Going Solo: Tips for women alone on the road
by Anita Culp
So you’re ready to travel. Pick a place, any place. Let’s say you’ve always wanted to go to China. You’ve seen pictures of the Great Wall, the Forbidden City, Tianenmen Square. You loved The Last Emperor and Raise the Red Lantern. You’ve eaten Szechuan and Hunan and Chao Chow. You’ve always been fascinated with Chinese culture, with red temples and Buddhas and ladies with tiny feet.
You happen to have some money socked away and extra vacation time accrued. There’s nothing to stop you – now’s the time to go!
But maybe you’re not someone who has traveled much. Sure, a summer in Europe, a Christmas in the Bahamas. You’ve been to Paris to visit friends, went to Mexico with an ex-lover, stayed with your sister in San Francisco.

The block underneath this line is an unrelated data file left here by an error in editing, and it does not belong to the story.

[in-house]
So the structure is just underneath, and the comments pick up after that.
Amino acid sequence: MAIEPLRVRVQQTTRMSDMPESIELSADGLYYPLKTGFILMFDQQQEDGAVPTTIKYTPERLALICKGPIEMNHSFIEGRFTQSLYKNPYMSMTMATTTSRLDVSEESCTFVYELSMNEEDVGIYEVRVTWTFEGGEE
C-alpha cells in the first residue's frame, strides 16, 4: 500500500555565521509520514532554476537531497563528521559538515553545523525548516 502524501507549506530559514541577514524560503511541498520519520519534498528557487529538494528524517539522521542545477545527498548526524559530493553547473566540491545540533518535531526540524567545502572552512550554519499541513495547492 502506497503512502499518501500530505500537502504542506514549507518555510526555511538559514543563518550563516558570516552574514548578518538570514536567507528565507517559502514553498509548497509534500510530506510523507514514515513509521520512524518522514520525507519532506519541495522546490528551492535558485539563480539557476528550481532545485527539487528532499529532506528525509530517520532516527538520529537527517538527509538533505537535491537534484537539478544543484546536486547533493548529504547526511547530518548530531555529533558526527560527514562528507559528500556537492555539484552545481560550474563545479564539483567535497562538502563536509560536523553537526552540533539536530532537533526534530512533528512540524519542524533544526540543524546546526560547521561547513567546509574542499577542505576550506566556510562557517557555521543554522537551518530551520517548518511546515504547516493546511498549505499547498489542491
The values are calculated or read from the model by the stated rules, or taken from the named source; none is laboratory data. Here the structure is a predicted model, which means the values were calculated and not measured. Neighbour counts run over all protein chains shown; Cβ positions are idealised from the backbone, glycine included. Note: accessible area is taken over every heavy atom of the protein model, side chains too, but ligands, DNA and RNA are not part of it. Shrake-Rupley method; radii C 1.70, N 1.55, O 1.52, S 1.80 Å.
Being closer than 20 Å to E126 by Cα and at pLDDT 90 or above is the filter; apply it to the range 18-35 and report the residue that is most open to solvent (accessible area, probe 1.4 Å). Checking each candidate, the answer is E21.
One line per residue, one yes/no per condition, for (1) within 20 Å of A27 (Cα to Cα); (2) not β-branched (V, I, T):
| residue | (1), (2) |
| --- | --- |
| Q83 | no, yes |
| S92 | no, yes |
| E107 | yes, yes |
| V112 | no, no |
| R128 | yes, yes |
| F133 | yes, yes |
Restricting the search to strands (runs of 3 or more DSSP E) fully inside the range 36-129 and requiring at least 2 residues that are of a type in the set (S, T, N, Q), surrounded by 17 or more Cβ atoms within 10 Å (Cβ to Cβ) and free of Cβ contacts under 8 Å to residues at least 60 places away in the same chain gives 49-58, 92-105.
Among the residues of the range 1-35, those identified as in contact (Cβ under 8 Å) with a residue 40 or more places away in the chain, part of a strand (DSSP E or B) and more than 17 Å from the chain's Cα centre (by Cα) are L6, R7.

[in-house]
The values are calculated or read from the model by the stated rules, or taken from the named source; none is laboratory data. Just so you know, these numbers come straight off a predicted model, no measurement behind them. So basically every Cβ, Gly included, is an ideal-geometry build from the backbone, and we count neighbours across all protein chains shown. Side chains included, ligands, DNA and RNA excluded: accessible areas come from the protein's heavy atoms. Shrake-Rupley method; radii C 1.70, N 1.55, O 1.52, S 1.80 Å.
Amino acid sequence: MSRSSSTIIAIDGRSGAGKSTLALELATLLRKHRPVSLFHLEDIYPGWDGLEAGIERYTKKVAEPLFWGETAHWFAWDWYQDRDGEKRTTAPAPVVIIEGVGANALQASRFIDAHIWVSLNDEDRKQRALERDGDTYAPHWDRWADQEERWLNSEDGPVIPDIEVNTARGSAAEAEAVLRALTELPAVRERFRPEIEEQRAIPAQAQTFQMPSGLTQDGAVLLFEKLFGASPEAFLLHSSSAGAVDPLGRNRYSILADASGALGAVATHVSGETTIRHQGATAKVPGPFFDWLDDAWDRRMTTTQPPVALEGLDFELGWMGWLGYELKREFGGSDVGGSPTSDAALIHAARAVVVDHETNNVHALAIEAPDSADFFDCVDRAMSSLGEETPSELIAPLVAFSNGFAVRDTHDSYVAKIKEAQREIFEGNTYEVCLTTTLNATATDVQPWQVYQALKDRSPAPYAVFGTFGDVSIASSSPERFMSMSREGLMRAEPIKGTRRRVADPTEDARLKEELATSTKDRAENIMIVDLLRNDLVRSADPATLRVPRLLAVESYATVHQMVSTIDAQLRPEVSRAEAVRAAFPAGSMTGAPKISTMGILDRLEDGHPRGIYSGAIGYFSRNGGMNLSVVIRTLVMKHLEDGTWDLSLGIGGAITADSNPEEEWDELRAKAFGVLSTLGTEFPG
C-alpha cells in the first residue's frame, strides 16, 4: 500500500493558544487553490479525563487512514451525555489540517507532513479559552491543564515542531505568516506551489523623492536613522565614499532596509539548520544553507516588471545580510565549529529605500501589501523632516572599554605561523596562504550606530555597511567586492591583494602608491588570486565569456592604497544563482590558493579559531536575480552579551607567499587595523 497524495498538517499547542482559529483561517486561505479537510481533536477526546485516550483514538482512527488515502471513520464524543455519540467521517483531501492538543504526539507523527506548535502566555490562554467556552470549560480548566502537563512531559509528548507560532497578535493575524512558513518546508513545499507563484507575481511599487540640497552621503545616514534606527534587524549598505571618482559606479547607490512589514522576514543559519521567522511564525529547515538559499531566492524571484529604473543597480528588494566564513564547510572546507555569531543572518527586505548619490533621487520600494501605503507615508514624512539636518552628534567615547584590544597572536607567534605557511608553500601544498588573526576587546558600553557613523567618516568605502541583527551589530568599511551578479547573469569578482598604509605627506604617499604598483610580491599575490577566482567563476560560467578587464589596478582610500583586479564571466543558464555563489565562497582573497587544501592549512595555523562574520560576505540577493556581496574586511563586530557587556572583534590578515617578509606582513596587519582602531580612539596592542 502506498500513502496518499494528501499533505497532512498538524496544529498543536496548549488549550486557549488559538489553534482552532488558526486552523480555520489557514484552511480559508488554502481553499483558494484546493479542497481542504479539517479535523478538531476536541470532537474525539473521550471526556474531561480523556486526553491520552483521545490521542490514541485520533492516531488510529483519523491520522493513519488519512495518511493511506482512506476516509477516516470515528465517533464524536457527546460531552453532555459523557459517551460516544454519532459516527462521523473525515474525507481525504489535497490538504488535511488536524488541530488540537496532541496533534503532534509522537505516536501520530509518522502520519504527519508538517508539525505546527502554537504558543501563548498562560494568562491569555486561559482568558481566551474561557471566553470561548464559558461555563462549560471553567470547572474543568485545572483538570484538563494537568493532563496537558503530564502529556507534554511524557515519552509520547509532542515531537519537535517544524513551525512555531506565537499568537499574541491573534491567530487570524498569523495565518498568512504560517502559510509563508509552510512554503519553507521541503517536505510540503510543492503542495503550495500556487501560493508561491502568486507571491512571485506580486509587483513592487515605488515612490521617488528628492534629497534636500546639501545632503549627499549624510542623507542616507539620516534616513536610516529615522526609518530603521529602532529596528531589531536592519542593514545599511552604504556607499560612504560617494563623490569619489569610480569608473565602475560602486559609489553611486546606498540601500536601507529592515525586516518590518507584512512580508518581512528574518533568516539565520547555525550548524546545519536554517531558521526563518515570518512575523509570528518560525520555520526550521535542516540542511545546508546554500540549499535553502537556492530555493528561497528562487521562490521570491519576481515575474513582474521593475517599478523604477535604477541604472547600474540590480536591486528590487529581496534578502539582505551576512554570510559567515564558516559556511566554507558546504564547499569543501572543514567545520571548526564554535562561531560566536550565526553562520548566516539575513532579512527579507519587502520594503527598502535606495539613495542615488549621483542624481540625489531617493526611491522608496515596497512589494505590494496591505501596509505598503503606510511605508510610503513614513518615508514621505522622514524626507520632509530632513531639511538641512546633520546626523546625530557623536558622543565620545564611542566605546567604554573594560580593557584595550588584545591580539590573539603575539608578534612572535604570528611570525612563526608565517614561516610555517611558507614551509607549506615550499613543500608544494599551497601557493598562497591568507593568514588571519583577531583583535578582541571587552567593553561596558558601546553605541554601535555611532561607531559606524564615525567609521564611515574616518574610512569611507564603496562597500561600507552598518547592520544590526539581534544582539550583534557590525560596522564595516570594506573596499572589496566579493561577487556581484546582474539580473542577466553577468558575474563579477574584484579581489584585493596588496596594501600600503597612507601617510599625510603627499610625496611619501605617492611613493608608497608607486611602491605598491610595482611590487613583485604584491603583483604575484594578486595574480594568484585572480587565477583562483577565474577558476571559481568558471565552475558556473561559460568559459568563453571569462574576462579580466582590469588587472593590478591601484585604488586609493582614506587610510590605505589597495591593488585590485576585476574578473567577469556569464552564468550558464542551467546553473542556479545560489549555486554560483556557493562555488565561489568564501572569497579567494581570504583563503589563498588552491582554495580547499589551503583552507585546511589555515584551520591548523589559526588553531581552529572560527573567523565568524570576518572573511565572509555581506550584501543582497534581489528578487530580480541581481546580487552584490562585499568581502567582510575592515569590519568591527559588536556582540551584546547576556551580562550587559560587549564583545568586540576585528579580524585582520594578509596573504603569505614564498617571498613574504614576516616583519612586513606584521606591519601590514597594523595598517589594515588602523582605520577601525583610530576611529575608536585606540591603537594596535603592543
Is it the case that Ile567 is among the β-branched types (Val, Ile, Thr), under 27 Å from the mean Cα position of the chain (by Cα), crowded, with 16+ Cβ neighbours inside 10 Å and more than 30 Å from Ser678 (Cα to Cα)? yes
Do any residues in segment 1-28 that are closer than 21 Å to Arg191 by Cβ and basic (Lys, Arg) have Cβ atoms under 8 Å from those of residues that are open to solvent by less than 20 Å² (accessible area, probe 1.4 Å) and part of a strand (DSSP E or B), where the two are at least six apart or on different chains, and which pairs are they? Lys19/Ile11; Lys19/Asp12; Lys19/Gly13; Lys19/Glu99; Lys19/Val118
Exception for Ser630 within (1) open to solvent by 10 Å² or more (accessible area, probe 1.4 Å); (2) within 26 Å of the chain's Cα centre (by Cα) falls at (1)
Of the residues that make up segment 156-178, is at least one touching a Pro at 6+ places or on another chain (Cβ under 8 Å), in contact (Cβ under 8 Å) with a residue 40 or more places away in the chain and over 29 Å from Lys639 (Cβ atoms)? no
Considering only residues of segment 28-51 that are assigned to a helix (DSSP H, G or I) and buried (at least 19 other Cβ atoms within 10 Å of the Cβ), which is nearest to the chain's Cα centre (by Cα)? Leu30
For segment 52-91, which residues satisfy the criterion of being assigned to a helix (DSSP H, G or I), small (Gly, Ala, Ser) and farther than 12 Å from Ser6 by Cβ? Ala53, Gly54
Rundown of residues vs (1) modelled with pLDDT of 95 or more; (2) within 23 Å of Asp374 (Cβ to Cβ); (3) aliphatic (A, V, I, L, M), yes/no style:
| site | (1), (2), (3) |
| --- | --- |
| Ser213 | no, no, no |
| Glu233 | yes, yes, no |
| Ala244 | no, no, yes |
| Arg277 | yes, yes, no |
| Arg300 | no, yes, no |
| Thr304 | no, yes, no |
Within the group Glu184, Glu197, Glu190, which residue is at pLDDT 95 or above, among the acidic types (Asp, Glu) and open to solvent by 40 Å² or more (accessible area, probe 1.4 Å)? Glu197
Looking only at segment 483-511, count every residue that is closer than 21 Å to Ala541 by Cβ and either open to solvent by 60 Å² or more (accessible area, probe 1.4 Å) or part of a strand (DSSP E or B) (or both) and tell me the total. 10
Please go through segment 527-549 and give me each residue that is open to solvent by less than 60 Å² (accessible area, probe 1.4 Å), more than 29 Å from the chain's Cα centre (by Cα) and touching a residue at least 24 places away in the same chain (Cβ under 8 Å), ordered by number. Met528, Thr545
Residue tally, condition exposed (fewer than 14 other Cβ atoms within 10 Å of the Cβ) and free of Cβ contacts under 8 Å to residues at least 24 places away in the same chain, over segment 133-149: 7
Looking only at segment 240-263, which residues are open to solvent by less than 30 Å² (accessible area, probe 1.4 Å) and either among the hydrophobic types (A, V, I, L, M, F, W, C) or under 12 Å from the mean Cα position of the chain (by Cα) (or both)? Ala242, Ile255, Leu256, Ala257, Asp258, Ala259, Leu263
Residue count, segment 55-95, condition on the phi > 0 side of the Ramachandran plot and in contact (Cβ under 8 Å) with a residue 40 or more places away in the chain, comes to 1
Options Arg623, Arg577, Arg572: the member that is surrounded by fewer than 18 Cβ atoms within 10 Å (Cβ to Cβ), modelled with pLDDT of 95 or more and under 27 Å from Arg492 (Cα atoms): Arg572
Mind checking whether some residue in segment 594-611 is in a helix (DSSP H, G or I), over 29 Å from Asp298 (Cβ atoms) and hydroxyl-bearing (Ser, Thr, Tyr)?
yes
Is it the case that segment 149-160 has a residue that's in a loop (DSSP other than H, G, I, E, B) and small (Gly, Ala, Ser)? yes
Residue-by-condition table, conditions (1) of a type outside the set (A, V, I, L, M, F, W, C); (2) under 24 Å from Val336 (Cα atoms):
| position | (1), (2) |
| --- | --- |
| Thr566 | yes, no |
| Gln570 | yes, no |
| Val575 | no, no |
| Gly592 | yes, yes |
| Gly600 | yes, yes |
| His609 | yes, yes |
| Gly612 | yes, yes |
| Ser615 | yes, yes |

But you’ve never really traveled. Not like this. You’ve never been to an exotic place, where you can’t speak the language, can’t even read the signs. A place where you’ll have to do all the research for yourself, find hotels, get yourself from airports to towns, buy train, bus or boat tickets, order your own food.
So now you’re ready for an adventure. You’ve got the money and the time to finally realize your dream. And you’re excited about it. You’re going to explore China, and find, for yourself, the soul of the country.
Unfortunately, none of your friends share that dream.
Your sister thinks China sounds awful. She doesn’t even like Chinese food. Your best friend just got a new job and can’t take time off. Your Significant Other – well, isn’t it a little too early to risk that relationship? Remember what happened in Mexico!
So what do you do? You could ask everyone you know – friends, acquaintances, coworkers. You could ask them to ask their friends and acquaintances and coworkers. You could offer to pay the airfare. You could advertise for a travel companion. You could join a tour. Or you could go alone.